I had heard it referred to as "classical liberalism*." But Dennis Prager shortens it to simply "liberalism." He defines it this way in We’re in a fight over basic values:
Liberalism – which was anti-Left, pro-American, and deeply committed to the Judeo-Christian foundations of America, regarded the melting pot as the American ideal, fought for free speech for its opponents, regarded Western civilization as the greatest moral and artistic human achievement, and viewed the celebration of racial identity as racism – is now affirmed almost exclusively on the right and among a handful of people who don’t call themselves conservative.
Then there's "the left." About them, Prager says this:
The Left, however, is opposed to every one of those core principles of liberalism.
Like the Left in every other country, the Left in America sees America as essentially a racist, xenophobic, colonialist, imperialist, war-mongering, money-worshipping, moronically religious nation.
Just as in Western Europe, the Left in America seeks to erase America’s Judeo-Christian foundations. The melting pot is regarded as nothing more than an anti-black, anti-Muslim, anti-Hispanic meme. The Left suppresses free speech, wherever possible, for those who oppose it, labeling all non-Left speech “hate speech.” To cite only one example, if you think Shakespeare was the greatest playwright, or Bach the greatest composer, you are a proponent of Dead White European Males and therefore racist.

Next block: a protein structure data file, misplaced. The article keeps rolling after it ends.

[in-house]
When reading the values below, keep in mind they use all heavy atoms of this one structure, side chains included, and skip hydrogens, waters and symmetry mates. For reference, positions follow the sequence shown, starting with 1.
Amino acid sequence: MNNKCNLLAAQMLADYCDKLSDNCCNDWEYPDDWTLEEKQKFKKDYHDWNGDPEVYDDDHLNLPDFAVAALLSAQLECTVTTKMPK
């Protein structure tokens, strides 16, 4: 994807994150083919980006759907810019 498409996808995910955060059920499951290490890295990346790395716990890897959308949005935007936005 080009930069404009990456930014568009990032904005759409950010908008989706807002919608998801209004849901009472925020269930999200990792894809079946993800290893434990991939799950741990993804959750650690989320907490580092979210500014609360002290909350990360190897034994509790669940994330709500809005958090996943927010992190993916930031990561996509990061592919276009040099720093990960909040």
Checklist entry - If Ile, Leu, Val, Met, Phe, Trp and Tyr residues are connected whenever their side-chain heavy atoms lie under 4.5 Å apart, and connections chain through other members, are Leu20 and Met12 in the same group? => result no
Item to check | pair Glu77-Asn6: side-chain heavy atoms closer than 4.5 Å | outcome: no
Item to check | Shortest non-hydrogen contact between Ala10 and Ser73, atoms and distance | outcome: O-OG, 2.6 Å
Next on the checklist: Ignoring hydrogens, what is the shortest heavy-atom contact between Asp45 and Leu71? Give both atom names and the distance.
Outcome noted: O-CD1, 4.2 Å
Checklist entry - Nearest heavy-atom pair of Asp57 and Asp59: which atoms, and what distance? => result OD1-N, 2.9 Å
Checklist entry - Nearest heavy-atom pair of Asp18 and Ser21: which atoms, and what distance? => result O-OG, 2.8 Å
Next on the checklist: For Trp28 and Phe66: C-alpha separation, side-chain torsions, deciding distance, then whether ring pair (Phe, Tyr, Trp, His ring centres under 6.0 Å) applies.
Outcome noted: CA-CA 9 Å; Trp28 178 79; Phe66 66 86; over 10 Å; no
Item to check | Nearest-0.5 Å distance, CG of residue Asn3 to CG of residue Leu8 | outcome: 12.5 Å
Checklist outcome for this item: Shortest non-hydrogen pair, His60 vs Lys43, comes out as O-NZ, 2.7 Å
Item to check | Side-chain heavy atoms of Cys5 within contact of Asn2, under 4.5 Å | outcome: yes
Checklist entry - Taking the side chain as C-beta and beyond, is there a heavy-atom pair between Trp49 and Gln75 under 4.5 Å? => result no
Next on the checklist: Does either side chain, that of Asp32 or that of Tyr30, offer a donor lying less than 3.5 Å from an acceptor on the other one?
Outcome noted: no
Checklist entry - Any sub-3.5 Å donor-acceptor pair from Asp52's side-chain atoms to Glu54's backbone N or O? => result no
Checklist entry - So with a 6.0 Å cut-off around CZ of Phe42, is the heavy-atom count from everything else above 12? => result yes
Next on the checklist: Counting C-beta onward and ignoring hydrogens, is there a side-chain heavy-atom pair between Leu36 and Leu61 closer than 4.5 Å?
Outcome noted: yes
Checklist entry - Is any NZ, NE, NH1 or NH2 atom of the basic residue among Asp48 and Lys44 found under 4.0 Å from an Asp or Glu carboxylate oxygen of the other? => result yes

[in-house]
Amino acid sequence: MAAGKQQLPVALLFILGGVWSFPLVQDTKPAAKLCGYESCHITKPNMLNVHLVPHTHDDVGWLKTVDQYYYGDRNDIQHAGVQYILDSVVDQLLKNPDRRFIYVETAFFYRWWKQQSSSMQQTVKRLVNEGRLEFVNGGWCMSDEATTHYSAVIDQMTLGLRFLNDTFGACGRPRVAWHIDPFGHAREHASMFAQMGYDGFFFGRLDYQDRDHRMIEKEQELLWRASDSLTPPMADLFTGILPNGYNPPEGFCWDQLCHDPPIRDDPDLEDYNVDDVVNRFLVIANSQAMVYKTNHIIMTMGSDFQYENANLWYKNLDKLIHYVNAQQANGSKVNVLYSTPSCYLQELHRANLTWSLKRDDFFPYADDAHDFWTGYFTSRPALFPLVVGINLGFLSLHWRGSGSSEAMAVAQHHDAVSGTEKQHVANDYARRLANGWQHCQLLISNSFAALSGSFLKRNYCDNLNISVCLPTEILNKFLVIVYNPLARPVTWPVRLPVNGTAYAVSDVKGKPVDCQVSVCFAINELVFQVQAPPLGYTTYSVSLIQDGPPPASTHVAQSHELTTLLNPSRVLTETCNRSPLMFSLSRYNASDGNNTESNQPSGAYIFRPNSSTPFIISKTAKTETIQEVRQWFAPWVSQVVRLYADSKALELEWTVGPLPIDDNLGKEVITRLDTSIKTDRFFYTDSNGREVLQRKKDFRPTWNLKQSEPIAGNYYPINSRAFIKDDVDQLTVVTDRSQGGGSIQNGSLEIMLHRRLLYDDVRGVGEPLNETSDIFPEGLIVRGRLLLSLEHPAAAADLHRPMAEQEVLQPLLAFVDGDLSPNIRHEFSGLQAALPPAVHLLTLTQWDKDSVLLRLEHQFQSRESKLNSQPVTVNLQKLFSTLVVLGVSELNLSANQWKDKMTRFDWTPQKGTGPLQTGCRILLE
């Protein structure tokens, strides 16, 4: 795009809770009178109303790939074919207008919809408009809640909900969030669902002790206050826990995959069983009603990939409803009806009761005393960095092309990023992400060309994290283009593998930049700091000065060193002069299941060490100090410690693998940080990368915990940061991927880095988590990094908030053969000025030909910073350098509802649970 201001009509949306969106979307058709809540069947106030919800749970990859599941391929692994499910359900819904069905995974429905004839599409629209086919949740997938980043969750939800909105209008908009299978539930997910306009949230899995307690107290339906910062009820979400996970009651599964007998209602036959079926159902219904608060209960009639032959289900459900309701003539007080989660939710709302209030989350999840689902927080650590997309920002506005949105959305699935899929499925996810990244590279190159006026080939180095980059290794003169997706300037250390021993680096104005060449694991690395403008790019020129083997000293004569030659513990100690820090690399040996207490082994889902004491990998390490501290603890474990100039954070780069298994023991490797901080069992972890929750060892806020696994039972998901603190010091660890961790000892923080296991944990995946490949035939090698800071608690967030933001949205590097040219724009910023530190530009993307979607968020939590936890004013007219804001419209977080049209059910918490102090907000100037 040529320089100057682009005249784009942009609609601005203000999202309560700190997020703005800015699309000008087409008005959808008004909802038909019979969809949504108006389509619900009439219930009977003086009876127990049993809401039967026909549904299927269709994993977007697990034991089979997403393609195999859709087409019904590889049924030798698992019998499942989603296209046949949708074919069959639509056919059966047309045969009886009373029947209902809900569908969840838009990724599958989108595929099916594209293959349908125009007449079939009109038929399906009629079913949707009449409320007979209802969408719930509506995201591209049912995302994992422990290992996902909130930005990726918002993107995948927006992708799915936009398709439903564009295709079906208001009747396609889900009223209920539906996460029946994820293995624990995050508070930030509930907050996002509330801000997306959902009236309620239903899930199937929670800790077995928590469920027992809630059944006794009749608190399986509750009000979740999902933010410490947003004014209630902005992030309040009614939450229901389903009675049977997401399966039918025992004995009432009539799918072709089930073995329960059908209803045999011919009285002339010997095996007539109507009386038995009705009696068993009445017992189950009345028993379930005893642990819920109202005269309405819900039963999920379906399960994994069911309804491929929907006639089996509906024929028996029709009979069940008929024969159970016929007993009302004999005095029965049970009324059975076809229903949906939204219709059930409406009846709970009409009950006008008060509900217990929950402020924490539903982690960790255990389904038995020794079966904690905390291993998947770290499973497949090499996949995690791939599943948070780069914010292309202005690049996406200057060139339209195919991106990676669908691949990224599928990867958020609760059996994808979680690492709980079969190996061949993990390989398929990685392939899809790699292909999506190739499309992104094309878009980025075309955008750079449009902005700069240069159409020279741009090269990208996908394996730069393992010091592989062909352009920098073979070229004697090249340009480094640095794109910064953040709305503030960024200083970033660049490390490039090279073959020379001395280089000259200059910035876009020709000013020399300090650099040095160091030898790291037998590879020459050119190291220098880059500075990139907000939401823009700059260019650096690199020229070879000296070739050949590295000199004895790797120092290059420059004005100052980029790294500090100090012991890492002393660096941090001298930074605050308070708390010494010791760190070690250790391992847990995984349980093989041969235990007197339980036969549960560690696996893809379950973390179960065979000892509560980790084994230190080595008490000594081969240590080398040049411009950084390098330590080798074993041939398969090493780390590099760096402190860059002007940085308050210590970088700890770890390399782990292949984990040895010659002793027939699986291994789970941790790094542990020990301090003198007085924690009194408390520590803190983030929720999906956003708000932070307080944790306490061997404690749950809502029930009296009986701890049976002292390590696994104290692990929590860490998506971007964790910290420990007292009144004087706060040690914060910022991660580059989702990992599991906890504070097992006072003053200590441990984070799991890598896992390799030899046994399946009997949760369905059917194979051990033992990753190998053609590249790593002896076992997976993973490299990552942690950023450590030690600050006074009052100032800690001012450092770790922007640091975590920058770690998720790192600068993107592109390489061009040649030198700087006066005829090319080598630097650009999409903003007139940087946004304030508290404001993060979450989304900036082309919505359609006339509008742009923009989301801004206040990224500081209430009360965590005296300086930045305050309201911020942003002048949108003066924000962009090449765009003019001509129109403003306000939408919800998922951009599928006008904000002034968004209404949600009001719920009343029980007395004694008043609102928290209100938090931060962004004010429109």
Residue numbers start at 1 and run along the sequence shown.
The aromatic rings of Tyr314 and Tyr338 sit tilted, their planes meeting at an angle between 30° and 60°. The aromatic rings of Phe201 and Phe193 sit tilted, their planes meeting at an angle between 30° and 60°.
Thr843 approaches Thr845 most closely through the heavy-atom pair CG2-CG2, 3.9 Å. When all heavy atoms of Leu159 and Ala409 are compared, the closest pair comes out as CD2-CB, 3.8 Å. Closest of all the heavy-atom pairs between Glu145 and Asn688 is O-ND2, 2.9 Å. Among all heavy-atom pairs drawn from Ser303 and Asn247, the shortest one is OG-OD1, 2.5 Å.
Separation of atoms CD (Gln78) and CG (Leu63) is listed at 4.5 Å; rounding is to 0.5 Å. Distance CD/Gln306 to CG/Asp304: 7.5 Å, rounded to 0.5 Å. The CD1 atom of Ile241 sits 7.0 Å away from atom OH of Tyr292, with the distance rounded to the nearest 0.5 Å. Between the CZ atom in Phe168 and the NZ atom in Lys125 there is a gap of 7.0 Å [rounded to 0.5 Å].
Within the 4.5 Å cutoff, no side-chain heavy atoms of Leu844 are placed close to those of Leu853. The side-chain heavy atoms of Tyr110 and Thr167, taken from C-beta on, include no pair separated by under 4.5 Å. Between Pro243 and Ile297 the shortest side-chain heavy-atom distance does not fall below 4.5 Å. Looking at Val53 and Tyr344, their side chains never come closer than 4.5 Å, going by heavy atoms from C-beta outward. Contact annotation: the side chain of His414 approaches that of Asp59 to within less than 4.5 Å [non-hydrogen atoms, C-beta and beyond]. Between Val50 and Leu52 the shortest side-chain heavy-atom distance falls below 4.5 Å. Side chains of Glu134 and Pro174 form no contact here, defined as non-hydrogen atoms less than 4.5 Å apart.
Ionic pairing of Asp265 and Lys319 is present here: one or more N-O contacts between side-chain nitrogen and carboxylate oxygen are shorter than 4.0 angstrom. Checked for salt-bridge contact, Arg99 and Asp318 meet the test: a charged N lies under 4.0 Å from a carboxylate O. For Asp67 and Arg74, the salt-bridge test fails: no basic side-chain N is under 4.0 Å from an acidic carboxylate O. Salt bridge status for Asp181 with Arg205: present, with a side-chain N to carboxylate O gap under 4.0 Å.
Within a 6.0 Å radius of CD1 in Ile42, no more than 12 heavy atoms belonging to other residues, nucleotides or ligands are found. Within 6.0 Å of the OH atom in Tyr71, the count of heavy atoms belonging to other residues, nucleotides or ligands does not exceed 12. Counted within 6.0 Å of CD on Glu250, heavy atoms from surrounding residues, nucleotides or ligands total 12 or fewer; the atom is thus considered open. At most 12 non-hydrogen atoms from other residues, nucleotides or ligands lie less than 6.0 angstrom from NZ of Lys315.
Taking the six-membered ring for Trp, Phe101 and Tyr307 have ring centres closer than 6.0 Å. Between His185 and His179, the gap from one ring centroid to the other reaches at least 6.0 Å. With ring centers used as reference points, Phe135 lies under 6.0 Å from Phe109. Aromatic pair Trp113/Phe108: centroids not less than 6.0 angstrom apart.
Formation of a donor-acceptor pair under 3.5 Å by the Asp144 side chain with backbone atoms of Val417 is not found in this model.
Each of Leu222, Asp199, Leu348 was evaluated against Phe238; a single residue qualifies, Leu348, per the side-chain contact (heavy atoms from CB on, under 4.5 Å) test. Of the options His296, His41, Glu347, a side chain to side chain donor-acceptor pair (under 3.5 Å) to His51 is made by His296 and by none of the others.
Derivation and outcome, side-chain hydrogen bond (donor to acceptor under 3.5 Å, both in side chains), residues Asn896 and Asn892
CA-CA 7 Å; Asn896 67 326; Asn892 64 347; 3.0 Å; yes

Prager contends that it won't end until either the Right or the Left vanquishes the other. That's a bit harsh, and moderates would like to see less fighting. But as we saw in the demonstrations and heard in the speeches on inauguration day, the Left doesn't lack in ferocity. He could be right about this being a second civil war.
*There's a good definition of "classical liberalism" at mises.org. See What Is Classical Liberalism?
"Classical liberalism" is the term used to designate the ideology advocating private property, an unhampered market economy, the rule of law, constitutional guarantees of freedom of religion and of the press, and international peace based on free trade. Up until around 1900, this ideology was generally known simply as liberalism. The qualifying "classical" is now usually necessary, in English-speaking countries at least (but not, for instance, in France), because liberalism has come to be associated with wide-ranging interferences with private property and the market on behalf of egalitarian goals. This version of liberalism — if such it can still be called — is sometimes designated as "social," or (erroneously) "modern" or the "new," liberalism.